CRYPTO CURRENCY DICTIONARY

TERMS COMMONLY USED IN THE WORLD OF BLOCKCHAIN AND CRYPTOCURRENCY

A B C D E F G H I J K L M N O P Q R S T U V W X Y Z

Ethereum virtual machine (EVM)

The Ethereum Virtual Machine (EVM) is a computing engine that functions as a decentralized computer with millions of applications that can be executed. It serves as the virtual computer that underpins Ethereum's whole organizational framework.It is regarded as the component of Ethereum that manages the execution and deployment of smart contracts. The EVM's job is to provide a few new features to the Blockchain so that users of the distributed ledger encounter problems. The EVM is used by each and every Ethereum node to maintain blockchain consensus.

Other Important Terms

Pump and Dump

A "pump and dump" strategy is a deception in which the value of an asset rises and then falls precipitously. Typically, pump and dump systems are unlawful. The decentralized crypto market, on the other hand, is unregulated. Crypto "pump and dumpers" are typically found on social media platforms, and they frequently collaborate in groups to give the appearance of widespread interest in a currency or token. Scammers who "pump and dump" financial assets deceive their audience, causing additional investors to purchase. When the price has increased sufficiently, the criminals benefit from the investment while others lose. Schemers frequently purchase a large quantity of the assets in order to activate the "pump." Pump-and-dump strategies are particularly prevalent in small and micro-cap assets with low liquidity, where large value swings are simpler to achieve Due diligence, skepticism about unexplained price increases, and understanding of affinity fraud can help safeguard investors from being duped by a "pump and dump."

51% Attack

A '51 percent attack' is a potential attack on a blockchain by a group of miners who possess more than 50% of the hashrate. In such a case, the'miners' have the option of purposefully failing to confirm transactions or issuing transactions twice (double-spend).

Scalability Trilemma

A trilemma is a dilemma that has three unique components. The "scalability trilemma" refers to the unavoidable compromises that developers must make while optimizing certain blockchain features. The word was invented by Ethereum founder Vitalik Buterin. The trilemma is sometimes portrayed as a triangle with three positive blockchain features — scalability, decentralisation, and security – at each point. According to the trilemma, improving any two of these attributes holds back the third. This tradeoff often constrains blockchains and results in slower transaction processing times. Layer-2 solutions are used by developers to address the trilemma. These methods delegate part of the processes of a primary chain to other protocols and related chains.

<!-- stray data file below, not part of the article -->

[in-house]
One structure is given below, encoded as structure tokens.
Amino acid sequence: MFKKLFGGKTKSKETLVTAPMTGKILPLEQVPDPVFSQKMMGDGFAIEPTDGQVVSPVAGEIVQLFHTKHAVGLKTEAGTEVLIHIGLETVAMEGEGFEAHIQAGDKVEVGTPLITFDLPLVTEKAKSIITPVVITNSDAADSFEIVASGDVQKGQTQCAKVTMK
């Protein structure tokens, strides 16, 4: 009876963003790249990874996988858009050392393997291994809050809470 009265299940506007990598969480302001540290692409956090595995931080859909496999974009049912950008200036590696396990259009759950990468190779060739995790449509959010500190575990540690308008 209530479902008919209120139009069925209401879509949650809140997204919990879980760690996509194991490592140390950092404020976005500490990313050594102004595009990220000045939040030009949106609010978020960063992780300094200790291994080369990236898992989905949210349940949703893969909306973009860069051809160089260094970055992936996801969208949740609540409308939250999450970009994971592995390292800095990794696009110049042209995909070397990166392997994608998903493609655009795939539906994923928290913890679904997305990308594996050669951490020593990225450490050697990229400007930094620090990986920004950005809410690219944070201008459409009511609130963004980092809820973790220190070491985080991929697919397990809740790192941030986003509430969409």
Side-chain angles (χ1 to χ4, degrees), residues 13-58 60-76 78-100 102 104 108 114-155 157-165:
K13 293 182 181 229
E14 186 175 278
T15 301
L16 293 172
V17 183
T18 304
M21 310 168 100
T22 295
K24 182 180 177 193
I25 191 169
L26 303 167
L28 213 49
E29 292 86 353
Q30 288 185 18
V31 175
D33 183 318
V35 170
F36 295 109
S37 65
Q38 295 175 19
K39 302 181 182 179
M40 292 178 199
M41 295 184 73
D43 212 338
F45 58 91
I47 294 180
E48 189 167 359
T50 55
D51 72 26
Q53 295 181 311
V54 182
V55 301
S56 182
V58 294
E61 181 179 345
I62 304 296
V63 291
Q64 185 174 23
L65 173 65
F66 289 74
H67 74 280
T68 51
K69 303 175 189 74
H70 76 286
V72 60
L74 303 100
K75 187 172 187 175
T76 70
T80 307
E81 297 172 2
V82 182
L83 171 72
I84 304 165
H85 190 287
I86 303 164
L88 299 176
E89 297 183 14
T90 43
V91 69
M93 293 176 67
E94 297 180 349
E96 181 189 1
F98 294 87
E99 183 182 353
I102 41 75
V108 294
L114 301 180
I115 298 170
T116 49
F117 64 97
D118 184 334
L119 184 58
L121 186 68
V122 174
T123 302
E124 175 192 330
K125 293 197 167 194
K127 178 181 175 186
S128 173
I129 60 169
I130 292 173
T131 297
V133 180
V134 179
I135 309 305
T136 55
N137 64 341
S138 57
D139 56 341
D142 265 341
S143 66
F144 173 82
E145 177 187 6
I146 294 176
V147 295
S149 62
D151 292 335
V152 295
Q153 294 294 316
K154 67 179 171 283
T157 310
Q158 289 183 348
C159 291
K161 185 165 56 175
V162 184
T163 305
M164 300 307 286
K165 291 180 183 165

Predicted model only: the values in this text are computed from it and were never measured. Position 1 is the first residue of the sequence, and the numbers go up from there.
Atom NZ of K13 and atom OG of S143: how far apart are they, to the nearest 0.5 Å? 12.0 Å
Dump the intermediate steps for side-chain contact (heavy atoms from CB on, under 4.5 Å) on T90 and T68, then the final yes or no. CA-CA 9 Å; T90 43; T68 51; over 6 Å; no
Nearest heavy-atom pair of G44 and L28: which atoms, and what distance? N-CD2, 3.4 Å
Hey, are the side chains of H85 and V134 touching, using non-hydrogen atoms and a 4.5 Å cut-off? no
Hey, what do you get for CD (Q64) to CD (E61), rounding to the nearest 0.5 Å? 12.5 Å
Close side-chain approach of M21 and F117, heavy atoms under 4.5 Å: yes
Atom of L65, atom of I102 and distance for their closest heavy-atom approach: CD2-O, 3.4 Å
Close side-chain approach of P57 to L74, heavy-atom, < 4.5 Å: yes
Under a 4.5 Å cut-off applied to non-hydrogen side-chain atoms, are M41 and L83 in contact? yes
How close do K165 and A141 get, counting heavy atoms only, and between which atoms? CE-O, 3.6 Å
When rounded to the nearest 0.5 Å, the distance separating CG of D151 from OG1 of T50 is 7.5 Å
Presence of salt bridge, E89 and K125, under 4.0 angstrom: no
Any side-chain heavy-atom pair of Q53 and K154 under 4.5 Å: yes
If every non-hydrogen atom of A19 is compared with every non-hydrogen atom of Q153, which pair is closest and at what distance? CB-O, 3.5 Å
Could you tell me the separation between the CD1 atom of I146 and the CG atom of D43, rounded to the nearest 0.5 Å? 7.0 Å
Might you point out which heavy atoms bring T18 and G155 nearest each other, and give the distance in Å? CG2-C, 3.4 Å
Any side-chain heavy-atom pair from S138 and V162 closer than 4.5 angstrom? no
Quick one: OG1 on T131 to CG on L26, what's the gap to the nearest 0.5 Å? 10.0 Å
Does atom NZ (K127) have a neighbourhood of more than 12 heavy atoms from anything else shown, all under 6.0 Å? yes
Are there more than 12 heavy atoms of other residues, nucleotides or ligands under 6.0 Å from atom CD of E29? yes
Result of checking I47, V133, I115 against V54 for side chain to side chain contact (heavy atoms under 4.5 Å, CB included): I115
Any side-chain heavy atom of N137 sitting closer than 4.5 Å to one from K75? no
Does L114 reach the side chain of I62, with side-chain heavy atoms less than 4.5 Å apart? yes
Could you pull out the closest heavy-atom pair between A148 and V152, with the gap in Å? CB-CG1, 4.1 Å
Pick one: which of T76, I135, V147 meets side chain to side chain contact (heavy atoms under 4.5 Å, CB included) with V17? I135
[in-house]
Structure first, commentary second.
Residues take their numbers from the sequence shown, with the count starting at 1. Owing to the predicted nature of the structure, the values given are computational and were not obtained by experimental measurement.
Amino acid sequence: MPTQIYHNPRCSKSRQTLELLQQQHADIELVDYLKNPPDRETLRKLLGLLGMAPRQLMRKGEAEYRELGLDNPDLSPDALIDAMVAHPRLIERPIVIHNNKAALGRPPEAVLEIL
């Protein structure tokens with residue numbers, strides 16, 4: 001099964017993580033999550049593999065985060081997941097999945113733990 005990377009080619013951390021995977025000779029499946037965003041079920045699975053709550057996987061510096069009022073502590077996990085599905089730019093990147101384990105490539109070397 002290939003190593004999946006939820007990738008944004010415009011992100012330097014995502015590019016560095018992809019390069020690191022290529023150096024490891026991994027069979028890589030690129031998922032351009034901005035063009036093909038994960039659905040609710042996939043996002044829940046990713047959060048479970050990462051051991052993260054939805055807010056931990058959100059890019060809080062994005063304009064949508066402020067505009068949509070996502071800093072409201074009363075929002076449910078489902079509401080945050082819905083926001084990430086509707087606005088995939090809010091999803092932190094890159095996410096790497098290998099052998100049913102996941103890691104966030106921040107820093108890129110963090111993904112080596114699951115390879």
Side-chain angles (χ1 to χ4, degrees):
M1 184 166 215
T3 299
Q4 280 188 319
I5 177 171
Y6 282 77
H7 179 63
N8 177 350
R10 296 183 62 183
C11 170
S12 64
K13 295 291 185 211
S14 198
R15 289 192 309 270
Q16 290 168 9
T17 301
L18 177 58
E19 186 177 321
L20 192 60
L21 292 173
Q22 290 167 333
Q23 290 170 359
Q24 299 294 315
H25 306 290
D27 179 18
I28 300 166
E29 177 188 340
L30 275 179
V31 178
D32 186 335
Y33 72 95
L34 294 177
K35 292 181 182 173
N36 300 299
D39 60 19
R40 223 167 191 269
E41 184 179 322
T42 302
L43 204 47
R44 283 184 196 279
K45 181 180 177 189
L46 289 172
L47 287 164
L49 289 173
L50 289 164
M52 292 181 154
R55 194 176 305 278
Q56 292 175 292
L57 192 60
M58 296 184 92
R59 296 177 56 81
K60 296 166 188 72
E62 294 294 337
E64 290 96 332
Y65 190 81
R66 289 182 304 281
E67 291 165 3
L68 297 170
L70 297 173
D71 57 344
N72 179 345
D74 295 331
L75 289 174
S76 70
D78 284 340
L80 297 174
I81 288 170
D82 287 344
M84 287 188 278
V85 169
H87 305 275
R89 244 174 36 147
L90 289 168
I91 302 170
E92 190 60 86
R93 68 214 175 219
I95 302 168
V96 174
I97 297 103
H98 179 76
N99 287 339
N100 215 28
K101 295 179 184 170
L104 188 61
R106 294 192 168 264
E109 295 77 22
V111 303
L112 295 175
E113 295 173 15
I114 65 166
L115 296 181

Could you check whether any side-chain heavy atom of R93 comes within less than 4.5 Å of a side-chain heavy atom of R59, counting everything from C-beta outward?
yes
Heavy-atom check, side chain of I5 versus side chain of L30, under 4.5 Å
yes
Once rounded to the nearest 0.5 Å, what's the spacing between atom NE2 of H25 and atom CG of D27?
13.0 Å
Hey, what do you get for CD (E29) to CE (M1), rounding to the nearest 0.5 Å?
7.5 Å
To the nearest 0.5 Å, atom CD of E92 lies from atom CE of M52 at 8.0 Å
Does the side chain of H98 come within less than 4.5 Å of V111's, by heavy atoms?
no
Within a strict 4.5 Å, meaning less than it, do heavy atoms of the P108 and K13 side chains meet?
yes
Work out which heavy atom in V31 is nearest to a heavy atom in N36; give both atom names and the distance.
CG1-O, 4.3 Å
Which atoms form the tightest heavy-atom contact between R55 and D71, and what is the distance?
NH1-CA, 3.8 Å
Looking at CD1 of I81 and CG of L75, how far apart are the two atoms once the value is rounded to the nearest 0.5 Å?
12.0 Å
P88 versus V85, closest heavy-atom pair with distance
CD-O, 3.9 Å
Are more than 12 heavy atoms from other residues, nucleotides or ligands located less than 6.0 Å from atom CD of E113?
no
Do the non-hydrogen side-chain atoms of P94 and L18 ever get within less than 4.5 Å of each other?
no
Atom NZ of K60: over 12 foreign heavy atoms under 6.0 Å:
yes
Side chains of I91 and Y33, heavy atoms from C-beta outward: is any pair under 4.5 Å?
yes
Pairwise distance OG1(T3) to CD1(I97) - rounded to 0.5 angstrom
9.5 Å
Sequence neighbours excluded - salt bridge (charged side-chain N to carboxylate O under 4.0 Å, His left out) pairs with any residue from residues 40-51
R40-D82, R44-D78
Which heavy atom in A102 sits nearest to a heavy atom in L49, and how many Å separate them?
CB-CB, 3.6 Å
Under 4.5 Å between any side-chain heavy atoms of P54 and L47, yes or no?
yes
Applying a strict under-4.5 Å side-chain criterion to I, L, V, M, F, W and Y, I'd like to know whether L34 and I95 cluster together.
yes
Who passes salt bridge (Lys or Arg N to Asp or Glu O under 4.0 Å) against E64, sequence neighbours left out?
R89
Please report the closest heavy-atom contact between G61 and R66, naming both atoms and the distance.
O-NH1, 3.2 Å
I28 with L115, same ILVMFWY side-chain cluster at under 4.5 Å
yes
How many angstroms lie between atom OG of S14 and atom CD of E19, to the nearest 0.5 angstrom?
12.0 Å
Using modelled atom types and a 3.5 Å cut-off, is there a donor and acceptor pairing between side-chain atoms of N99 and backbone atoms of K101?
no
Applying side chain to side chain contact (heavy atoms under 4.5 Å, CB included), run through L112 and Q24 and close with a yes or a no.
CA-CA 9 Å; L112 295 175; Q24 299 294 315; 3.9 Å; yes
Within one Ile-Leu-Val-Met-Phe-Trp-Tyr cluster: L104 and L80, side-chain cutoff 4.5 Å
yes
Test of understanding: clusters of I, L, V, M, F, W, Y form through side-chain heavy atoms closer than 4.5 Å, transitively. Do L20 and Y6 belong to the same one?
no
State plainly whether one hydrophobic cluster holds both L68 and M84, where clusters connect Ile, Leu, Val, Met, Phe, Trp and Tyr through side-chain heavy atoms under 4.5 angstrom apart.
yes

Automated Market Maker (AMM)

Decentralized exchanges which use liquidity pools and complex mathematical equations to ensure asset liquidity and reduce price slippage are known as automated market makers. AMMs do not follow the traditional "order book" approach, it requires buyers and sellers to be present and agree on an asset price in order to complete trades. For small, decentralized exchanges with a small number of users, this strategy is unreliable. AMMs, on the other hand, allow their users to "donate" their funds to liquidity pools. The pooled currencies of the users are subsequently made available to purchasers, resulting in significant levels of liquidity. Liquidity pools remove the need for exchanges to price assets using complex matching algorithms. Instead, they use a consistent product formula and smart contract technology to keep asset values stable.

Web 3.0

Web 3.0 is an umbrella term that refers to the next stage of the internet's emergence. This new internet is being deliberately created to address common, potentially harmful flaws present in today's internet, and it will establish an online environment in which human-centric and highly individualized interactions I the norm. While the intricacies of Web 3.0's underlying architecture have yet to be determined, but in a broad sense it appears more probable that the primary elements of Web 3.0 will be linked and enabled by decentralized technology.

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